The High Court of Delhi on Thursday issued notice to Centre and Google, demanding their stand on a petition seeking creation of a separate legal framework under ‘right to be forgotten’ to delink ‘irrelevant information’ from the internet.
During the course of the hearing, Google submitted before Justice Sanjeev Sachdeva that even if it disables or blocks a site in its search engine, that webpage will remain on the original website and would be accessible on other search engines.
The Court is hearing a Petition filed by an NRI through Advocates Rohit Madan and Zoheb Hossain, seeking deletion of a Court order, which was reproduced on the website Indiankanoon.com, contending that the same violates the Petitioner’s right to privacy and reputation.
The Petitioner relies on the judgment rendered by the European Court of Justice in the landmark case of Google v. Mario Costeja, wherein Google had been ordered to remove the links related to Mario Costeja on its website, and “right to be forgotten” or “Right to delink” was effectively read into the existing EU data protection law. Right to delink, broadly, provides that an individual may be allowed to control the information available about them on the web, by demanding removal of such information in certain situations.
“Because considering the fact that privacy is a recognized fundamental right in India, and based on the above-mentioned Provisions of Information Technology Act and Rules, it is respectfully submitted by the Petitioner that in a similar situation, Indian courts should also follow the line of thinking followed by the EU Court in the above-referred judgment. Once the Hon'ble Court recognizes this right, Individuals will get the right to seek removal of irrelevant and incorrect personal data from the search results,” the petition thereby contends.
It acknowledges the fact that the order demanded to be removed is “legally tenable and true record”. It however demands that the material be delinked or removed from the search index, so that it may not affect the Petitioner’s “prospective employment opportunities”.
Emphasizing on the intermediary’s roles and responsibilities, the Petition avers, “Because intermediary has the task of ensuring that personal data are processed ‘fairly and lawfully’, that they are 'collected for specified, explicit and legitimate purposes and not further processed in a way incompatible with those purposes', that they are 'adequate, relevant and not excessive in relation to the purposes for which they are collected and/or further processed', that they are 'accurate and, where necessary, kept up to date' and, finally, that they are 'kept in a form which permits identification of data subjects for no longer than is necessary for the purposes for which the data were collected or for which they are further processed'. In this context, the intermediary must take every reasonable step to ensure that data which do not meet the requirements of that provision are erased or rectified.”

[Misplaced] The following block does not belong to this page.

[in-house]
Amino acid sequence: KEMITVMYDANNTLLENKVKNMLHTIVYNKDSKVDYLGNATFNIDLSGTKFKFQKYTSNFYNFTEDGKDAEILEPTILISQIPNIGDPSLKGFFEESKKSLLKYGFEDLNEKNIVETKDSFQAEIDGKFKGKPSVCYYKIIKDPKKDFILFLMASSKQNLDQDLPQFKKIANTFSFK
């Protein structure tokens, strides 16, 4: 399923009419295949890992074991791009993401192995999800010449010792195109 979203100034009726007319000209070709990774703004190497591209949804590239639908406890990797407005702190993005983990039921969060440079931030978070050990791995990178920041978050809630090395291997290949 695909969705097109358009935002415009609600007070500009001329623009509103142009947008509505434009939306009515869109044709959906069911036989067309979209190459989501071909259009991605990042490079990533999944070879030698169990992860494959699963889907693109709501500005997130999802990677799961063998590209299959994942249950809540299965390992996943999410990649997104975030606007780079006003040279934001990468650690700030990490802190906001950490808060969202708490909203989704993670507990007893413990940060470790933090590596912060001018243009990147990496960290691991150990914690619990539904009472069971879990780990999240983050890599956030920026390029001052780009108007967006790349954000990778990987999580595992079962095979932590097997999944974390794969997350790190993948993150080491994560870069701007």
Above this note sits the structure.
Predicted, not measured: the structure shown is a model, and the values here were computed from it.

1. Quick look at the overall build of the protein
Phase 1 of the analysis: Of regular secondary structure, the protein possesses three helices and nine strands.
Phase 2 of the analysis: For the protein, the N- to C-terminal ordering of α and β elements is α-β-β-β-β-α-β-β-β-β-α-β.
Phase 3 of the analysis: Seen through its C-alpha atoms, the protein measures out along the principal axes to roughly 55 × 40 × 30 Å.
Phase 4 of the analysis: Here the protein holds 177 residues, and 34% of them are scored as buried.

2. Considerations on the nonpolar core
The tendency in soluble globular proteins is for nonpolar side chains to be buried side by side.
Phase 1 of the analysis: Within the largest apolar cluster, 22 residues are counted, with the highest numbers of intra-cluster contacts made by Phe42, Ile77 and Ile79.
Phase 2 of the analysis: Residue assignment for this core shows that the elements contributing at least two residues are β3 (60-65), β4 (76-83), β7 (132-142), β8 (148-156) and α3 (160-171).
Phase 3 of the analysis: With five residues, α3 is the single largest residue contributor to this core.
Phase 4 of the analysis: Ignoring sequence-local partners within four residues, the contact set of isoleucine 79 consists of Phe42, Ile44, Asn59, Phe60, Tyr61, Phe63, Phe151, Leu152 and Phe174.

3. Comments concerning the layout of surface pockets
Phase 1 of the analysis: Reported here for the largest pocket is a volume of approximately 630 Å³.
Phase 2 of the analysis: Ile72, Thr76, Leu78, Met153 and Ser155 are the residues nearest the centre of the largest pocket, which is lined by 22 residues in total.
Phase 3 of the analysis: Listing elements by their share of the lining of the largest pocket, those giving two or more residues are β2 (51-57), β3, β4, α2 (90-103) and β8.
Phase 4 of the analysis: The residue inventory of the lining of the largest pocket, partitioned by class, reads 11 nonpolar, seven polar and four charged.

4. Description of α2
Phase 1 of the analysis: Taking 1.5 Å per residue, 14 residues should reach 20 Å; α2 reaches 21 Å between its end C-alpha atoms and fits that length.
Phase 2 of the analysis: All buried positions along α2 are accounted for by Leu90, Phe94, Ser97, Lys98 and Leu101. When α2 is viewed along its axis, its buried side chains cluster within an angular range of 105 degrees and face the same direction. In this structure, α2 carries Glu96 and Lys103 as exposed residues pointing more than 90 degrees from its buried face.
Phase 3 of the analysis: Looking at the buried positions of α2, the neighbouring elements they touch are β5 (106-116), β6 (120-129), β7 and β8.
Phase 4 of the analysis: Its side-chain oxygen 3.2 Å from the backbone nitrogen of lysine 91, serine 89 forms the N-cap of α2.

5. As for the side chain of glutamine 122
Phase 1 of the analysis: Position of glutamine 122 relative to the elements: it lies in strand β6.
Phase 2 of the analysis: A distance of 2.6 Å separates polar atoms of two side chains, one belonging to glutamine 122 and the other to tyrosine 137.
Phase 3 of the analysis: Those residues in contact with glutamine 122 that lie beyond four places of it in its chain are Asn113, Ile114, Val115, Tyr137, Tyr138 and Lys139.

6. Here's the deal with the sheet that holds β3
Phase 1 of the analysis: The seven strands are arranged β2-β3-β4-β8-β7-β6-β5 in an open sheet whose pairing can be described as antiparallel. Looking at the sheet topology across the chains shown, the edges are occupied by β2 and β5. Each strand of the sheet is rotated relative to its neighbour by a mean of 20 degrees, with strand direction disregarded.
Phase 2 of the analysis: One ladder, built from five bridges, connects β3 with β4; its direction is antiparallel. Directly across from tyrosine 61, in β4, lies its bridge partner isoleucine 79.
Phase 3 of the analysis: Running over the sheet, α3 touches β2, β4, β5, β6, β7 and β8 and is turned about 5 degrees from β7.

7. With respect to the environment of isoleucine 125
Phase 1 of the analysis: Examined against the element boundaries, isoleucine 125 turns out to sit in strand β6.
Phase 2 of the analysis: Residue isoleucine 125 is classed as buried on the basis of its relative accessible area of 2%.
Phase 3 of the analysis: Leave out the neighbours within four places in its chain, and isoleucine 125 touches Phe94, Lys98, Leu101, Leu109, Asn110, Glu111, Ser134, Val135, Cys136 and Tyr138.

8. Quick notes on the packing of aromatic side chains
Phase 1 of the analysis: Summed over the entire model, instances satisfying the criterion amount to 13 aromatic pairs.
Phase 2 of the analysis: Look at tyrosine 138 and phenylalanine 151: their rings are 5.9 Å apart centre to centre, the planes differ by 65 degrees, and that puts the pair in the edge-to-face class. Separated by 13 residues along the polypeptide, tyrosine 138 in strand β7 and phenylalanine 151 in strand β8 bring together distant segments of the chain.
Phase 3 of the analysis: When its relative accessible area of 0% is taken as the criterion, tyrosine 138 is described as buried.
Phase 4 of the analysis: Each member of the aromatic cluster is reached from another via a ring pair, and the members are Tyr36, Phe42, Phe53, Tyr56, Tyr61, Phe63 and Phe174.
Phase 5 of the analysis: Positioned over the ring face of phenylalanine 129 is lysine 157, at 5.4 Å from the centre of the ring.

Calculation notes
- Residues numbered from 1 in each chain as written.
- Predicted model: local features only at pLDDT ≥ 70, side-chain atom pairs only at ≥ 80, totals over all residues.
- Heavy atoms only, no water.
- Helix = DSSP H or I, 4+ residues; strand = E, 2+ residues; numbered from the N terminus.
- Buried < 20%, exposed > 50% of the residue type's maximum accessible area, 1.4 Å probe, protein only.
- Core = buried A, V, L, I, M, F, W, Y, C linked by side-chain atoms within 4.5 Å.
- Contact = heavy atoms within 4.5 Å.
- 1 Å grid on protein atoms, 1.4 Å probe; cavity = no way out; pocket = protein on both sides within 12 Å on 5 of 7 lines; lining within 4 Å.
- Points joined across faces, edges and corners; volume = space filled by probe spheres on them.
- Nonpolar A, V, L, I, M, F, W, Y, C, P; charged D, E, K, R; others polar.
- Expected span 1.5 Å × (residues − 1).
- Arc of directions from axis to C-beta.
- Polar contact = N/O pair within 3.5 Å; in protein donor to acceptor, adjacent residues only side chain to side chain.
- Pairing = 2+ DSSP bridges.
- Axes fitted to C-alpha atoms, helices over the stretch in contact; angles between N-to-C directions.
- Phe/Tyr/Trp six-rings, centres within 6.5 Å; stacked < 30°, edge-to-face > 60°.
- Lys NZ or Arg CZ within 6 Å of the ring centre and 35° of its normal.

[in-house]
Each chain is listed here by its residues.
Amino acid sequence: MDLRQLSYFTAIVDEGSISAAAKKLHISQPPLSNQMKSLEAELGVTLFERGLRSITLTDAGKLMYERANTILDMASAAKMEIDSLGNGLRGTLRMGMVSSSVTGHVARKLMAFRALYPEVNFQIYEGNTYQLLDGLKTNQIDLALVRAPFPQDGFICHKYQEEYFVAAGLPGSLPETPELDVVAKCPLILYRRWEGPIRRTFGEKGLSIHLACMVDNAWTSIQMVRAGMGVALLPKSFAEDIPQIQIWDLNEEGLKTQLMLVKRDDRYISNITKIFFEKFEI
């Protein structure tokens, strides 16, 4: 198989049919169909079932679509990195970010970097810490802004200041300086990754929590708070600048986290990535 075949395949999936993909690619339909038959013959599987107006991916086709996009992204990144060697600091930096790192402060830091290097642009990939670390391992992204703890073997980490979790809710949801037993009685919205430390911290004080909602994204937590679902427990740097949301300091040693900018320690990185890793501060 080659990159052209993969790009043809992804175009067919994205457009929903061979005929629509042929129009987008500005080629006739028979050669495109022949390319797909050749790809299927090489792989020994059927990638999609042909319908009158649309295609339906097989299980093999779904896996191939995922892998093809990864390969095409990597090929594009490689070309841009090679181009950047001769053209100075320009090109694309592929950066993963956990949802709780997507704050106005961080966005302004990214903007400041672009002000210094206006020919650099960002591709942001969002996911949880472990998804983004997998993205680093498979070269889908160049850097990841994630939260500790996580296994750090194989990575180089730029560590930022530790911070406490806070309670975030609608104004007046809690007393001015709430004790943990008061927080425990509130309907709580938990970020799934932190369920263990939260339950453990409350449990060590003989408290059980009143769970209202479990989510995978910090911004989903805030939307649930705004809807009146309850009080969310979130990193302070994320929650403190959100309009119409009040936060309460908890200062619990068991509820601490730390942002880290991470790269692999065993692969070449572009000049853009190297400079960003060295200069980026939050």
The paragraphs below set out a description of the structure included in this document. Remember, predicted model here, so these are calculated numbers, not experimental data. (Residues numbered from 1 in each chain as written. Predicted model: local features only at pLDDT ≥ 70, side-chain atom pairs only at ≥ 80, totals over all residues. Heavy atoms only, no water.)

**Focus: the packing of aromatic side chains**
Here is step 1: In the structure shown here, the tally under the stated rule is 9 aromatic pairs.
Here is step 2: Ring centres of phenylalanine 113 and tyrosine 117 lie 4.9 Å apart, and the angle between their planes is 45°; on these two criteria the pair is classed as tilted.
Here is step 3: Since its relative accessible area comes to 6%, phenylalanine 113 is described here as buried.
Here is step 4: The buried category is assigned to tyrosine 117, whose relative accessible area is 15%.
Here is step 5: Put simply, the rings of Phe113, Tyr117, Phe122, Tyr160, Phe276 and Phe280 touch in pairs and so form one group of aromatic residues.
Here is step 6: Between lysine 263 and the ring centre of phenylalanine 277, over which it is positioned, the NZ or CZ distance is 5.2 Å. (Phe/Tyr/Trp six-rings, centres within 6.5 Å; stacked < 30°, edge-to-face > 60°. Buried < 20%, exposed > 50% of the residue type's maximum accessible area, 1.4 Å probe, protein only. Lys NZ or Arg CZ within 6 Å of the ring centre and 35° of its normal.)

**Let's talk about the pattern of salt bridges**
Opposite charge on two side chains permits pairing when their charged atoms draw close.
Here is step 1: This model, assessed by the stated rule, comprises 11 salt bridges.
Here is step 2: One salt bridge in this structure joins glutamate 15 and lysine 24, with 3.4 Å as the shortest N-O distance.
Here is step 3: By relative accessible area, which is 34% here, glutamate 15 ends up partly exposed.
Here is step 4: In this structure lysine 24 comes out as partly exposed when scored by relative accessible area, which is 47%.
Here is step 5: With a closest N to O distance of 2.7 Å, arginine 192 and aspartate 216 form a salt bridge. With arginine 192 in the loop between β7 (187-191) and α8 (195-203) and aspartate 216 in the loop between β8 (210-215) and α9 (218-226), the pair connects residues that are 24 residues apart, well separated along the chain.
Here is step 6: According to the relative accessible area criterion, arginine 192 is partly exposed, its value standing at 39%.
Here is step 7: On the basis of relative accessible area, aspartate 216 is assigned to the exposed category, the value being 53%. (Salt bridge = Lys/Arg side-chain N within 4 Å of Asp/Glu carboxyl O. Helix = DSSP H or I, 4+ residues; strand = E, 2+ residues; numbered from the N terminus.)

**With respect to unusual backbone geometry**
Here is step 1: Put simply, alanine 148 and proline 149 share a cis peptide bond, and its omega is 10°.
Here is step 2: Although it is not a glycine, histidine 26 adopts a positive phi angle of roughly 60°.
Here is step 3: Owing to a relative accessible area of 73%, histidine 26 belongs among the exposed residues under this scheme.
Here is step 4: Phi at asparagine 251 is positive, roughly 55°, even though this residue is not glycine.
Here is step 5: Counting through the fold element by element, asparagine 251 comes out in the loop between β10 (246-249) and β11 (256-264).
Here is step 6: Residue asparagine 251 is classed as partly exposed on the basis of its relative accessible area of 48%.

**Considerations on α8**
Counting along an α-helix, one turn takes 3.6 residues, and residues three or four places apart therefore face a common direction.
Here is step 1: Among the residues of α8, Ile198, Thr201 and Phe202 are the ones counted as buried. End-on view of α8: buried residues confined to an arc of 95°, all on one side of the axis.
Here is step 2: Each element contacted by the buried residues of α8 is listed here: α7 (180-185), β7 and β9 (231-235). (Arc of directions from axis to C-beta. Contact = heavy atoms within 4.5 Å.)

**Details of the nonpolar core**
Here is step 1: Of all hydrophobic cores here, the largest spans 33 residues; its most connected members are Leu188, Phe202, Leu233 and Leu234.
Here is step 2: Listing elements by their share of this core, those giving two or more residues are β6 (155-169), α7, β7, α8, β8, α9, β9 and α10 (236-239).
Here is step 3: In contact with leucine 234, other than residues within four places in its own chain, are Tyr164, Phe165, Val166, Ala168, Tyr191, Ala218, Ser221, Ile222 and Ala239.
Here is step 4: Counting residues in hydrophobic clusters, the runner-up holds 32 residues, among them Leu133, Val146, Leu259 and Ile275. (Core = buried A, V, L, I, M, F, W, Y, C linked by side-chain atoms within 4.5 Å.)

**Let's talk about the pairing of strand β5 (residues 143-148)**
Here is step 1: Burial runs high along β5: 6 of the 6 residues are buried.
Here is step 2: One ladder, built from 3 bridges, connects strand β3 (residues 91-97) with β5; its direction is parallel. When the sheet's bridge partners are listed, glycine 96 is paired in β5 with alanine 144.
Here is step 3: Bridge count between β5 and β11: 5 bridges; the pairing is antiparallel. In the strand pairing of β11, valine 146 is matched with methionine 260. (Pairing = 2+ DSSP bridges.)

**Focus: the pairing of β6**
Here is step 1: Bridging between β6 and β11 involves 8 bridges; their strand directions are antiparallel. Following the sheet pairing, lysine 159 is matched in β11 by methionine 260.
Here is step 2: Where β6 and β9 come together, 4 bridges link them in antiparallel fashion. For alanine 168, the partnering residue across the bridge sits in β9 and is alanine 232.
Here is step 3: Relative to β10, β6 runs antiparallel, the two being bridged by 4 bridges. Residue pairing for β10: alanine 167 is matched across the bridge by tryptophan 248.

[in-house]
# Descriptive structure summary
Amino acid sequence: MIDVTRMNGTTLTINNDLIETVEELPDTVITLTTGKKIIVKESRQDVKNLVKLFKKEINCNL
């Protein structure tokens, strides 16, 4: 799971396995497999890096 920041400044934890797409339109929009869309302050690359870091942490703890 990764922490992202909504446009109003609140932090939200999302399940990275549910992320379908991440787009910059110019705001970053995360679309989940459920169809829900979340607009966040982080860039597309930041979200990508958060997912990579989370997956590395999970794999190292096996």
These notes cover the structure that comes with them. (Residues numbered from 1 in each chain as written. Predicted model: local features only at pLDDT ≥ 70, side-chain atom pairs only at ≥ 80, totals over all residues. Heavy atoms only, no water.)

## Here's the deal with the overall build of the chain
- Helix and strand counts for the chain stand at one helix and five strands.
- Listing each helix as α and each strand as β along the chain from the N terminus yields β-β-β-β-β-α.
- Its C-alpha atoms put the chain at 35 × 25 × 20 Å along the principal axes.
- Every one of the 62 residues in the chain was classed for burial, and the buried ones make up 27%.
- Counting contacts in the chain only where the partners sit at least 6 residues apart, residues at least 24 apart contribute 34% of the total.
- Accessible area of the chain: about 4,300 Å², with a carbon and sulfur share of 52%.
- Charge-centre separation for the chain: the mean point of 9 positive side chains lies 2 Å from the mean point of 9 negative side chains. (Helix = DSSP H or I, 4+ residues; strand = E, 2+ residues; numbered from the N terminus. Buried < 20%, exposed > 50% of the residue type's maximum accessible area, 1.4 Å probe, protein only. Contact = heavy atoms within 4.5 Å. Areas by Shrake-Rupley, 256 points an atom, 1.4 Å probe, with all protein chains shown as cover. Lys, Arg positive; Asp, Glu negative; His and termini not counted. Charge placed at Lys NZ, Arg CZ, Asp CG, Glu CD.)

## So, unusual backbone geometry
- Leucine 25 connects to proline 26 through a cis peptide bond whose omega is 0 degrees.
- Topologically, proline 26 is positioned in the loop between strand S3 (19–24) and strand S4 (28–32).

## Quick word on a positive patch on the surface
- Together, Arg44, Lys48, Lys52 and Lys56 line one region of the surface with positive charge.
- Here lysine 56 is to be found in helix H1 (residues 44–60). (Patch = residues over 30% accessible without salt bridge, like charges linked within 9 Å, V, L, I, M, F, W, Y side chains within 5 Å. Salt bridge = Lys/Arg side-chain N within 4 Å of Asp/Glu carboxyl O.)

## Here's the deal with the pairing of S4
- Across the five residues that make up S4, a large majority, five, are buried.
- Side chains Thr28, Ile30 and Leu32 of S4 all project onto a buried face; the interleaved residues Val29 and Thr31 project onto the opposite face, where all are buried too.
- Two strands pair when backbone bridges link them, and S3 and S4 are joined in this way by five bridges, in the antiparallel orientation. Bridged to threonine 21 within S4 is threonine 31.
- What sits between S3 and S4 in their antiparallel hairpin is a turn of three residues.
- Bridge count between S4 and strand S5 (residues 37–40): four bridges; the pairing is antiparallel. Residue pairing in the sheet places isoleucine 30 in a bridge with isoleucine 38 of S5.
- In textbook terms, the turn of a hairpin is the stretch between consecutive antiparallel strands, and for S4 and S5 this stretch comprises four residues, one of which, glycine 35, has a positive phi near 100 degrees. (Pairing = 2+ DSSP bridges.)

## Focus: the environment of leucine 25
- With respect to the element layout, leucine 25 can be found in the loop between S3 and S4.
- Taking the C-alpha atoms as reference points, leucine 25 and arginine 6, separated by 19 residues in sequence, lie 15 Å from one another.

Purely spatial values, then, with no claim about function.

It further contends that even initially lawful processing of accurate data may, in the course of time, “become incompatible with the directive where those data are no longer necessary in the light of the purposes for which they were collected or processed.”
“That is so in particular where they appear to be inadequate, irrelevant or no longer relevant, or excessive in relation to those purposes and in the light of the time that has elapsed,” it adds.
The petition goes on to rely on Rule 3(2) of the Information Technology (Intermediaries guidelines) Rules, 2011, which mandates observance of due diligence by the intermediary. It further relies on Section 79 of the IT Act, which provides safe harbour provisions for intermediaries in the form of due diligence rules. It demands that the Rules published by virtue of Section 79 should stipulate that the users of computer source should not“host, display, upload, modify, publish, transmit, update or share I any information that is invasive of another's privacy.”
‘Right to be forgotten’ before other Courts
The Karnataka High Court recently accepted, applied and approved the ‘Right to be Forgotten’ in the Indian context. Directing the HC Registry to make sure that an internet search made in the public domain would not reflect the woman’s name in a previous criminal order passed by the same High Court, it observed, “This is in line with the trend in Western countries of ‘right to be forgotten’ in sensitive cases involving women in general and highly sensitive cases involving rape or affecting the modesty and reputation of the person concerned.”You may read the LiveLaw article here.
In another instance, a Petition before Gujarat High Court had demanded that the founders of Indiankanoon.org be directed to take down hosting of a particular High Court’s order from their website so that when the Petitioner’s name is typed on Google, the same link may not pop up. The Court however turned down the plea, observing that publication of a judgment is not in violation of Article 21 of the Constitution of India. You may read the LiveLaw article here.
This article has been made possible because of financial support from Independent and Public-Spirited Media Foundation.